The Role of Microperc in the Treatment of Symptomatic Lower Pole Renal Calculi.
ABSTRACT Abstract Background and Purpose: The treatment of symptomatic lower pole (LP) calculi poses a challenge because of lower clearance rates. We present our experience with microperc in the treatment of LP renal calculi. Patients and Methods: We retrospectively evaluated the symptomatic patients with LP renal calculi who underwent microperc between August 2011 and June 2012 from two referral hospitals. Patients were included only in cases of failure after shockwave lithotripsy (SWL) or retrograde intrarenal surgery (RIRS) and according to patient preference. The percutaneous renal access was performed using the 4.8F "all-seeing needle" with C-arm fluoroscopy or ultrasonographic guidance with the patient in the prone position. Stone disintegration was established using a 200 μm holmium:yttrium-aluminum-garnet laser fiber. Results: A total of 21 patients (mean age 37.3±20.1 years) with LP stone underwent microperc. The mean body mass index was 28.6±6.0 kg/m(2), and the mean stone size was 17.8±5.9 (9-29) mm. The duration of surgery and fluoroscopic screening was 62.8±25.2 minutes and 150.5±92.8 seconds, respectively. The patients were discharged after a mean 37.5±14.4 hours of hospitalization time. The mean hemoglobin drop was 0.8±0.6 (0.1-2.3) g/dL. Conversion to miniperc was necessitated in one patient with loss of vision. Stone-free status was achieved in 18 (85.7%) patients. Clinically insignificant residual fragments were observed in only one (4.8%). The procedure failed in two (9.5%) patients. A total of two minor complications (renal colic necessitating stent insertion and urinary tract infection) were observed postoperatively, none severe. Conclusion: Microperc is a feasible and efficient treatment modality for symptomatic LP calculi. Our results provide that microperc might take a part in case of SWL and RIRS failures or as an alternative to percutaneous nephrolithotomy or RIRS in the management of symptomatic LP calculi.
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ABSTRACT: The micro-percutaneous nephrolithotomy (microperc) is a recently introduced percutaneous nephrolithotomy (PNL) technique that is performed through a 4.8Fr all-seeing needle. We aimed to measure the intrarenal pelvic pressure (IPP) during microperc and compare it with the levels of conventional PNL. A total of 20 patients with 1- to 3-cm renal calculi resistant to shock wave lithotripsy were treated either with microperc (Group-1, n: 10) or conventional PNL (Group-2, n: 10) by the same surgical team. The IPP was measured during different stages (entrance into the collecting system, stone fragmentation, and before termination) of the procedures by an urodynamic machine using the 6Fr ureteral catheter. All the variables were statistically compared between the two groups. The demographic values of the patients were similar. The operation time and duration of hospitalization were significantly prolonged in conventional PNL group (p = 0.034, p = 0.01, respectively). The mean drop in hematocrit levels was significantly lower in microperc group (3.5 ± 1.5 vs. 1.8 ± 0.8; p = 0.004). The IPP was significantly higher in microperc group during all steps of the procedure. The highest level of the IPP was measured as 30.3 ± 3.9 and 20.1 ± 3.1 mmHg in Group 1 and Group 2, respectively (p < 0.0001). However, the complication and success rates were found comparable. In conclusion, we demonstrate that the level of IPP is significantly increased during microperc compared to conventional PNL. Microperc should be used cautiously in cases with impaired drainage of the collecting system.Urolithiasis. 02/2014;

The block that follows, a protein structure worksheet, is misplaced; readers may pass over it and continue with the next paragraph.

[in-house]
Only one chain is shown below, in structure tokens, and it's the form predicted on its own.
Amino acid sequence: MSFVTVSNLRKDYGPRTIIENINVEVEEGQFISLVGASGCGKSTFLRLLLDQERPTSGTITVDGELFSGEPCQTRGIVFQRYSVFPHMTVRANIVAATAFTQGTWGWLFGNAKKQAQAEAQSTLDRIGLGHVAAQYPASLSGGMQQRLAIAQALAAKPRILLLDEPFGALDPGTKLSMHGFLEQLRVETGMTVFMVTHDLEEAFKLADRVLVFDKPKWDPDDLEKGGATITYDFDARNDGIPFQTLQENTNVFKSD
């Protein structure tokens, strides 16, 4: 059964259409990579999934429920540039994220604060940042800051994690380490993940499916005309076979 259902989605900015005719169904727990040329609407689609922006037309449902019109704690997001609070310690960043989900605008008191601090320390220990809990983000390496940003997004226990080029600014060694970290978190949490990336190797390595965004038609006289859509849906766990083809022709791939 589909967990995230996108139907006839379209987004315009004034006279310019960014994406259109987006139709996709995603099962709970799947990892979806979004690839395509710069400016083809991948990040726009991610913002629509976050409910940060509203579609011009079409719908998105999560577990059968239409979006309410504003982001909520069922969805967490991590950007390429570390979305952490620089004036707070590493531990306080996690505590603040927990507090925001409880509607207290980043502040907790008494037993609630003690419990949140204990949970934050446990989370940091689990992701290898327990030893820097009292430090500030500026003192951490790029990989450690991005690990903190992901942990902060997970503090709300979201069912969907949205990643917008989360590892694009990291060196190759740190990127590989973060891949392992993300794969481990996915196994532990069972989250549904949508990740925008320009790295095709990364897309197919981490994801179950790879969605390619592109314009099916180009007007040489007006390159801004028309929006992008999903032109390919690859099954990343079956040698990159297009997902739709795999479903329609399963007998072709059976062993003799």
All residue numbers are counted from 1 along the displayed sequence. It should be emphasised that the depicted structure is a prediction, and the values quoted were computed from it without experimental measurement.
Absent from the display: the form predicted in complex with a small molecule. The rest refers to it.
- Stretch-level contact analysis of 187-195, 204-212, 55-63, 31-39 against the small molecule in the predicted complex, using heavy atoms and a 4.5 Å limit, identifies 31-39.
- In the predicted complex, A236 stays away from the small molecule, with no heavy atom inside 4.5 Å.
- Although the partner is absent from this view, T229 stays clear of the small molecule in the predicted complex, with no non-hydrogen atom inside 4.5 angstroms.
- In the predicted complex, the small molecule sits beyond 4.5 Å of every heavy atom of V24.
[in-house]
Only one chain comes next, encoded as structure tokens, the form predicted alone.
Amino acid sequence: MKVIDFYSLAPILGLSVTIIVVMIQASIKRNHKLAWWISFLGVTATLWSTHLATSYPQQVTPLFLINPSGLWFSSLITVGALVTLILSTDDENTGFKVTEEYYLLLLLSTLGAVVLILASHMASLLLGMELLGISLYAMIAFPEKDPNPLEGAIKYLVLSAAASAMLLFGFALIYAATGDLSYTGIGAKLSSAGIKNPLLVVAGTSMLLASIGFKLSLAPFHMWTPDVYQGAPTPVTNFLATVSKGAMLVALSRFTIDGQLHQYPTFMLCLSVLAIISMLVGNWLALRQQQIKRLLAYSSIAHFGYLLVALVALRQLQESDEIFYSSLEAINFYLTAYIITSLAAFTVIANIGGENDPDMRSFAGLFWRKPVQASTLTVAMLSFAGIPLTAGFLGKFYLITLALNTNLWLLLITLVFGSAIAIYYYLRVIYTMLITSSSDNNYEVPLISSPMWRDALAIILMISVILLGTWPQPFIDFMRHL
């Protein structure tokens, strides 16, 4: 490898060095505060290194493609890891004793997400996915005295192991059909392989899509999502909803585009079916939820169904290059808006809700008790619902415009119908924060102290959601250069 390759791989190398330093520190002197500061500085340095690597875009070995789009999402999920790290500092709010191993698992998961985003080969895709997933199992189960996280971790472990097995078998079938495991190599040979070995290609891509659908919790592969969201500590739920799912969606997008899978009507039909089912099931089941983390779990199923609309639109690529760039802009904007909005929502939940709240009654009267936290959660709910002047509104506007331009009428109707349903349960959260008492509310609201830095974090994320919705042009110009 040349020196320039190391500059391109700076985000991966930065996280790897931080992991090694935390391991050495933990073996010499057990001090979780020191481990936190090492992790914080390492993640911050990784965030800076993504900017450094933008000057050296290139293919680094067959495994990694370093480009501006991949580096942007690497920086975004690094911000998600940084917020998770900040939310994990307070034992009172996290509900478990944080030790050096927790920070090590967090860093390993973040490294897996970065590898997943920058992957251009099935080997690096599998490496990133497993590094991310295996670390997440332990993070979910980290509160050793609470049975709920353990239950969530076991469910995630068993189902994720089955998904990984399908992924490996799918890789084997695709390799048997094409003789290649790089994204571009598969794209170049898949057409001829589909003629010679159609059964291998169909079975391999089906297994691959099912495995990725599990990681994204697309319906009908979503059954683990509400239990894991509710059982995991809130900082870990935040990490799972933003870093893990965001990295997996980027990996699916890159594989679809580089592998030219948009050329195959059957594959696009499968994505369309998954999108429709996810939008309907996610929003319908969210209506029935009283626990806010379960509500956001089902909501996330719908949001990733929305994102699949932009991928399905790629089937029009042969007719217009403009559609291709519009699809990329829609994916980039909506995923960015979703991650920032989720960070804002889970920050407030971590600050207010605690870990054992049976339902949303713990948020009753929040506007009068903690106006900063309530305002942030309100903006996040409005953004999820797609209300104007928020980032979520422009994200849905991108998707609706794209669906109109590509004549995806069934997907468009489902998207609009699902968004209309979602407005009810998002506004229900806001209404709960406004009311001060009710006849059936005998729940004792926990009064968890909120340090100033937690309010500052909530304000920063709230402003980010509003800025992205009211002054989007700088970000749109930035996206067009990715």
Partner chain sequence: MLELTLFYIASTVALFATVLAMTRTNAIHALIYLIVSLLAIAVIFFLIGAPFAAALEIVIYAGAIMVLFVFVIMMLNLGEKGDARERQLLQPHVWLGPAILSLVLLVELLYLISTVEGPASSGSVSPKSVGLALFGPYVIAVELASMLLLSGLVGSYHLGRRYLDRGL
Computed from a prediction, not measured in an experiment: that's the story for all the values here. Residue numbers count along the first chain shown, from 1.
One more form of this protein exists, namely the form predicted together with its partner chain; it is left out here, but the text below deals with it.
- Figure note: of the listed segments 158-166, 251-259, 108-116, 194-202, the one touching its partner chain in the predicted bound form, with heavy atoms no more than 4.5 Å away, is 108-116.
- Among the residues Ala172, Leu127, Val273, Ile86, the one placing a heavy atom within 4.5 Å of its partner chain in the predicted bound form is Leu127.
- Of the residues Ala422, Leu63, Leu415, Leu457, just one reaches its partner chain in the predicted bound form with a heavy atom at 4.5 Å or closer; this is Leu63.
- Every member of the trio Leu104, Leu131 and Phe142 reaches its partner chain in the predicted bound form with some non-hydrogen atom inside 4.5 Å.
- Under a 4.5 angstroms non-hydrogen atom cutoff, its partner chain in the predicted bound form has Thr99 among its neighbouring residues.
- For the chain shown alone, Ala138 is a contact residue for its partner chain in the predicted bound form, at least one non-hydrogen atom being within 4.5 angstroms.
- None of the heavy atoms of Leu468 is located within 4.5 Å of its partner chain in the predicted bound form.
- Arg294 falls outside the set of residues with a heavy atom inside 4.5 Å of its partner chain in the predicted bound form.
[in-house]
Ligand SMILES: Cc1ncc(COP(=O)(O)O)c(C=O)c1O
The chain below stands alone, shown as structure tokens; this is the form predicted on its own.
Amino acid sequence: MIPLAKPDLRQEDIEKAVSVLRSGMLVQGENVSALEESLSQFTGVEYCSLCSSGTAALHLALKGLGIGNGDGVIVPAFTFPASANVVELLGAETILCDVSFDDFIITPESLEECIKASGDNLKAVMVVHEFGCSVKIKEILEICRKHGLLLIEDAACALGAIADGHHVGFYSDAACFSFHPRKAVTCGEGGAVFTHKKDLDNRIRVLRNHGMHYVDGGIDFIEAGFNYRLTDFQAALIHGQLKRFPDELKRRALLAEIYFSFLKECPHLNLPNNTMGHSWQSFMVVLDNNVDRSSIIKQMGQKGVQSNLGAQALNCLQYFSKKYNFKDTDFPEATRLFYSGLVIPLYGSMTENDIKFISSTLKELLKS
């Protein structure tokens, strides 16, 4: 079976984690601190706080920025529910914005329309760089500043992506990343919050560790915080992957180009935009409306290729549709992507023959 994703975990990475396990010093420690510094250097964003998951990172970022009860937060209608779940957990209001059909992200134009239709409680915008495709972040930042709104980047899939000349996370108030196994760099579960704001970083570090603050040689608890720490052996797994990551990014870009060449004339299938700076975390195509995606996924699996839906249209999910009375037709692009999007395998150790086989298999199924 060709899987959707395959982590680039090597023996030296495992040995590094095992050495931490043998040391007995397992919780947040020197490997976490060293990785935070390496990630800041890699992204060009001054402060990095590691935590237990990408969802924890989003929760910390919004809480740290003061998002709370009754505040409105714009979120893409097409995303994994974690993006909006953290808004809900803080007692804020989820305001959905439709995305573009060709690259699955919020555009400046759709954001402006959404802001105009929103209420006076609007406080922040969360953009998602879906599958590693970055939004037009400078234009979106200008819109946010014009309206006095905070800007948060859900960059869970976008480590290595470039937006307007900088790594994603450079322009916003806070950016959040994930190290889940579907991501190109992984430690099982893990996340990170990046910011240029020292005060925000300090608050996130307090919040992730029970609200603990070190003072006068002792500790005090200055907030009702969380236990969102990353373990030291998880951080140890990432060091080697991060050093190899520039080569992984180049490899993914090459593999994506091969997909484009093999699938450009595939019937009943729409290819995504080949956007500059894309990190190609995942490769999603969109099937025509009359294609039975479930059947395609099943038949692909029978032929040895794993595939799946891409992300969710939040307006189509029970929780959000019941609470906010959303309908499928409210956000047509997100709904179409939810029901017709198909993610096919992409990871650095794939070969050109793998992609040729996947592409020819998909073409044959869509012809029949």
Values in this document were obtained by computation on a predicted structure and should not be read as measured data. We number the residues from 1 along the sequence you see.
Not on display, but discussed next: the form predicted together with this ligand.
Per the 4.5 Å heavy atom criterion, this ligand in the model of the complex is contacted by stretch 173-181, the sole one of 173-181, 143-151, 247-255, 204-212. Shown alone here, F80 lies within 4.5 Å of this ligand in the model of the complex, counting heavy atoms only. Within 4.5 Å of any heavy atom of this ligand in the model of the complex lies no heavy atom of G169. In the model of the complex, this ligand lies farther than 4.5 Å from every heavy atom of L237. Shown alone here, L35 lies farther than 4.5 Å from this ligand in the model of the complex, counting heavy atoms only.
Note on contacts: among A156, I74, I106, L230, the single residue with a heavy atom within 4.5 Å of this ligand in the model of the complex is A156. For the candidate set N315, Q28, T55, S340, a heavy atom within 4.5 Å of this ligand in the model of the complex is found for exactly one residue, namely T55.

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ABSTRACT: Micropercutaneous nephrolithotomy is an evolution from the conventional percutaneous surgery in which pyelocaliceal access is obtained through minimum bore holes. Its objective is the complete removal of the calculi, lowering the morbidity associated with larger bore percutaneous tracts. We present the case of a micropercutaneous nephrolithotomy performed in a 14-year-old female patient with a 35mm diameter kidney stone located in the renal pelvis. Surgery was performed in the Galdakao-modified supine Valdivia position. Puncture was done under ultrasound and fluoroscopic guidance. The 4.85Ch needle of the Microperc(®) set was used, completing the procedure through the 8Ch working shaft. Lasertripsy was done with the Ho:YAG laser. An indwelling double J stent was placed at the end of the procedure. Operating time was 170minutes. Hospital stay was one day. She suffered renal colic after 72hours, which was resolved with oral analgesic treatment at home (Clavien I). She returned to school on the fifth postoperative day. The double J was removed at 2 weeks. At one month of the surgery, the patient is asymptomatic, a 4mm lower calyx residual stone being observed in the abdominal ultrasound. Micropercutaneous nephrolithotomy is a step forward towards the search for a less invasive kidney stone treatment. It is a safe and effective technique in the pediatric population, and it can be performed in the supine position, even in orthotropic kidneys. Future studies and collaborative works will help to better define its indications, to optimize its technique and to analyze its cost-effectiveness compared with other treatment options.Actas urologicas españolas 03/2014; · 1.15 Impact Factor
- Urolithiasis. 03/2014;